Exploring guilt along the grief journey

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Two women hug each other as they face away from the camera looking out of a window onto a winter scene.

In this blog, Lisa talks about guilt – an emotion often overlooked in the grief experience.

Guilt is an emotion that we are all familiar with in one way or another. Guilt is that feeling in the pit of your stomach when you have done something wrong, or something you perceive to be morally wrong, or have failed to do something. Guilt is a normal sentiment to have, however, in excess it can be a huge weight to bear alone and it is often not deserved.

Guilt is often associated with grief and the grief process. This can be fleeting moments of the emotion or as with me, it can take over. Many bereaved people have guilt, to varying degrees, associated with either the deceased or with their death. Lots of bereaved people have regret that can be associated with guilt after the loss of a loved one. There are no set reasons why someone may feel guilt; their reasoning may be unique to them and/or their relationship with the deceased. Guilt and grief can also leave those remaining asking “what if?” which, in my opinion is the hardest regret. What if you had done something differently, would the outcome have been different? We will never know the answer to these musings and so it can be an added torture in grief.

My experience of guilt in grief

I have experienced two hugely significant and difficult losses in my life, so far. I lost my daughter through a late miscarriage in 2009 and I lost my Mum in 2018. After both of these losses I was crippled with guilt and sadness. The way the guilt presented itself was very different in both losses.

I lost my daughter in traumatic circumstances when I was quite young. I wasn’t planning on falling pregnant and so when I lost her I internalised a lot of the anger and guilt. I thought that because she wasn’t planned I somehow deserved what happened, that maybe because I hadn’t been trying for a baby when I fell pregnant that somehow I didn’t want her enough. That wasn’t true, from the second I saw the positive pregnancy test I felt a strong maternal instinct and I wanted my baby more than anything, despite the obstacles ahead of me being an unprepared, young mum.

The guilt swirled around me

Life had a different plan and she died in June 2009. I was in shock; I went through the majority of the loss and grief alone as I was too ashamed, confused and devastated to talk about it. In terms of guilt, I felt I should have wanted her more, should have protected her more. That’s a mother’s job, to protect her young. As I was miscarrying her I protectively cradled my tummy, desperate for her to stay with me. I felt that I had done something wrong that had caused her to die. Was it that I didn’t love her enough? Was it that I slept in the wrong position? Was that steak I had last week cooked enough? Was the bath too hot last night? The guilt swirled around me.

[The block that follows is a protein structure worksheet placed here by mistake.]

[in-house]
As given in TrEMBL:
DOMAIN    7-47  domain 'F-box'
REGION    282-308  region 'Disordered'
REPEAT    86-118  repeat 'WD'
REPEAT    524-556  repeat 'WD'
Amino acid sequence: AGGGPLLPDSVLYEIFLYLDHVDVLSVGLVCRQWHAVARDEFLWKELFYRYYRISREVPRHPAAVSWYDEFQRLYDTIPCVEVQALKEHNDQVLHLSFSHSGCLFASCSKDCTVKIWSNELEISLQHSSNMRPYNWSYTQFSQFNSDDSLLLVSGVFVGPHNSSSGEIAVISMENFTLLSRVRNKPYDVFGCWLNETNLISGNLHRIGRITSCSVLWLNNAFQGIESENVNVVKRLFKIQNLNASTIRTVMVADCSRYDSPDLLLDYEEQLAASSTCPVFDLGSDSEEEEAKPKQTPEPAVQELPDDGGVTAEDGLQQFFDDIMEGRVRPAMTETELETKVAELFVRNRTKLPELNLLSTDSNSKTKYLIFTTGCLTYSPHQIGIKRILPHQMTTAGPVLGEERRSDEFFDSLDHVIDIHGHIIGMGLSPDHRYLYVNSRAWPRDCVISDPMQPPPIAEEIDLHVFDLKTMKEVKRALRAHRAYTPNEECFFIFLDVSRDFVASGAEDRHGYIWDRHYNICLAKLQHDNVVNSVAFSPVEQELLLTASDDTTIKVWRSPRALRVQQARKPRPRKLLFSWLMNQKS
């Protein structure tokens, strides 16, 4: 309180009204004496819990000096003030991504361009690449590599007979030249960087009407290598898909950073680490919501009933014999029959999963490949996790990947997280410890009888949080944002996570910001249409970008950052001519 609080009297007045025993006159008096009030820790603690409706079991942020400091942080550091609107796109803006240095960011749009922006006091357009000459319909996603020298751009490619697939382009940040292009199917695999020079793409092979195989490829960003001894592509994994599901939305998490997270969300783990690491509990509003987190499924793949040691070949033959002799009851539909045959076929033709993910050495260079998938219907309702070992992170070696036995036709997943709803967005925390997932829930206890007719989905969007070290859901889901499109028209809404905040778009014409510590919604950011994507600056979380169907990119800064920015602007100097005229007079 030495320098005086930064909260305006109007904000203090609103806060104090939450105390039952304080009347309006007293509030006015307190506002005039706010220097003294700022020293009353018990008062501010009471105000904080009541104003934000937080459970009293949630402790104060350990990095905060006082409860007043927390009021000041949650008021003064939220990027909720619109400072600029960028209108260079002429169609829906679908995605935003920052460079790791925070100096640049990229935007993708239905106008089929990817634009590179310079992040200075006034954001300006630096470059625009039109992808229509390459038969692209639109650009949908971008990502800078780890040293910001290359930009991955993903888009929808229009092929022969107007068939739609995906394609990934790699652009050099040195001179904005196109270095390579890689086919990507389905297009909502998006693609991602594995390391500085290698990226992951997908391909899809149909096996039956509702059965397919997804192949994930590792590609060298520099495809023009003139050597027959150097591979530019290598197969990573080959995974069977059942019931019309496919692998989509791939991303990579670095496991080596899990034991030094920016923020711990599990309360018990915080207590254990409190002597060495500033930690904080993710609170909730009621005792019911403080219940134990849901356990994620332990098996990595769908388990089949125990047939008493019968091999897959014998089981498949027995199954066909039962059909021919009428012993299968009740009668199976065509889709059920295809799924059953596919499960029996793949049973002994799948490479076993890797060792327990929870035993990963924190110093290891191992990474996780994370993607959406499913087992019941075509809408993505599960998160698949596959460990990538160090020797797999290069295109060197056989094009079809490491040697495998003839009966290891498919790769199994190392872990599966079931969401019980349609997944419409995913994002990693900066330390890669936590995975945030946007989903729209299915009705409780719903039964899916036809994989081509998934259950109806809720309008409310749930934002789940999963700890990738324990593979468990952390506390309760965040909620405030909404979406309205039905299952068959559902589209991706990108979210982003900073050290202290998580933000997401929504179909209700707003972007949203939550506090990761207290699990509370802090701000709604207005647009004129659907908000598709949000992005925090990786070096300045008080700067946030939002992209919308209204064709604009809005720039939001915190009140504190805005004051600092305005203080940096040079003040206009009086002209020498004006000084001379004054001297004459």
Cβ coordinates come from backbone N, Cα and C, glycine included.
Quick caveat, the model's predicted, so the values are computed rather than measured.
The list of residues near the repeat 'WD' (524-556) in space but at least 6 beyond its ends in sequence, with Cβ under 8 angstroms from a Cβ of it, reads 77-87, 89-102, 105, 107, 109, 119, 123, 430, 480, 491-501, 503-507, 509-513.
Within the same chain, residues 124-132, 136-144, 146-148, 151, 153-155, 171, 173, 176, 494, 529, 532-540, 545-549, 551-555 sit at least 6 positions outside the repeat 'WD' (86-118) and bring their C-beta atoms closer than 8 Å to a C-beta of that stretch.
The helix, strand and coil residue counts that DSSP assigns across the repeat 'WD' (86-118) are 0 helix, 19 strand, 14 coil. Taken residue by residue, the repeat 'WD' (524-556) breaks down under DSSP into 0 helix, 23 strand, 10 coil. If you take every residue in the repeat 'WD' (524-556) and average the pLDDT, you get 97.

Blaming myself

I think that because I never got a reason for what happened I had to find my own, I had to blame someone or something and when there wasn’t anything I blamed myself. I was young and rather than dealing with this loss and the weight of guilt that consumed me healthily I pressed ‘self destruct’. I went out heavily drinking and partying most weekends as a way to hide my despair, I engaged in self-harm regularly and I couldn’t voice my pain to anyone. It was only years later that I received support from a counsellor that things began to change for me.

Losing Mum hit me hard. It was a sudden and unexpected death. I was there with her when the hospital staff made the decision there was nothing else they could do for her after almost an hour of fighting to save her. I shed a few tears but I was mainly numb from the shock. I remained like it for weeks; it took a while to obtain cause of death. Once I had this I instantly blamed myself.

Even though I had an answer this time I still blamed myself just as much as I did with my daughter. I did some research into her cause of death and found that it is rare and if she had got to hospital sooner she was likely to have lived. I became paralysed with guilt. I beat myself up emotionally for months. I thought it was my fault that my Mum died, that if I had got her to hospital sooner she would have lived.

Moving forward in my grief journey

After months of guilt I realised that my Mum wouldn’t want this for me. She wouldn’t have wanted me to feel guilty for something I logically had no control over. I spoke to people about my feelings and slowly they began to feel less heavy.

I still have days where guilt from both losses is overwhelming but when I feel like this I try and reach out to someone who understands. I think the main thing with guilt is that by definition you feel embarrassed by it. However after connecting with other bereaved people, I realise that I am not alone and that guilt can often be a factor of grief. I find sharing this burden with others can help me.

Lisa – Instagram @lisalou300692

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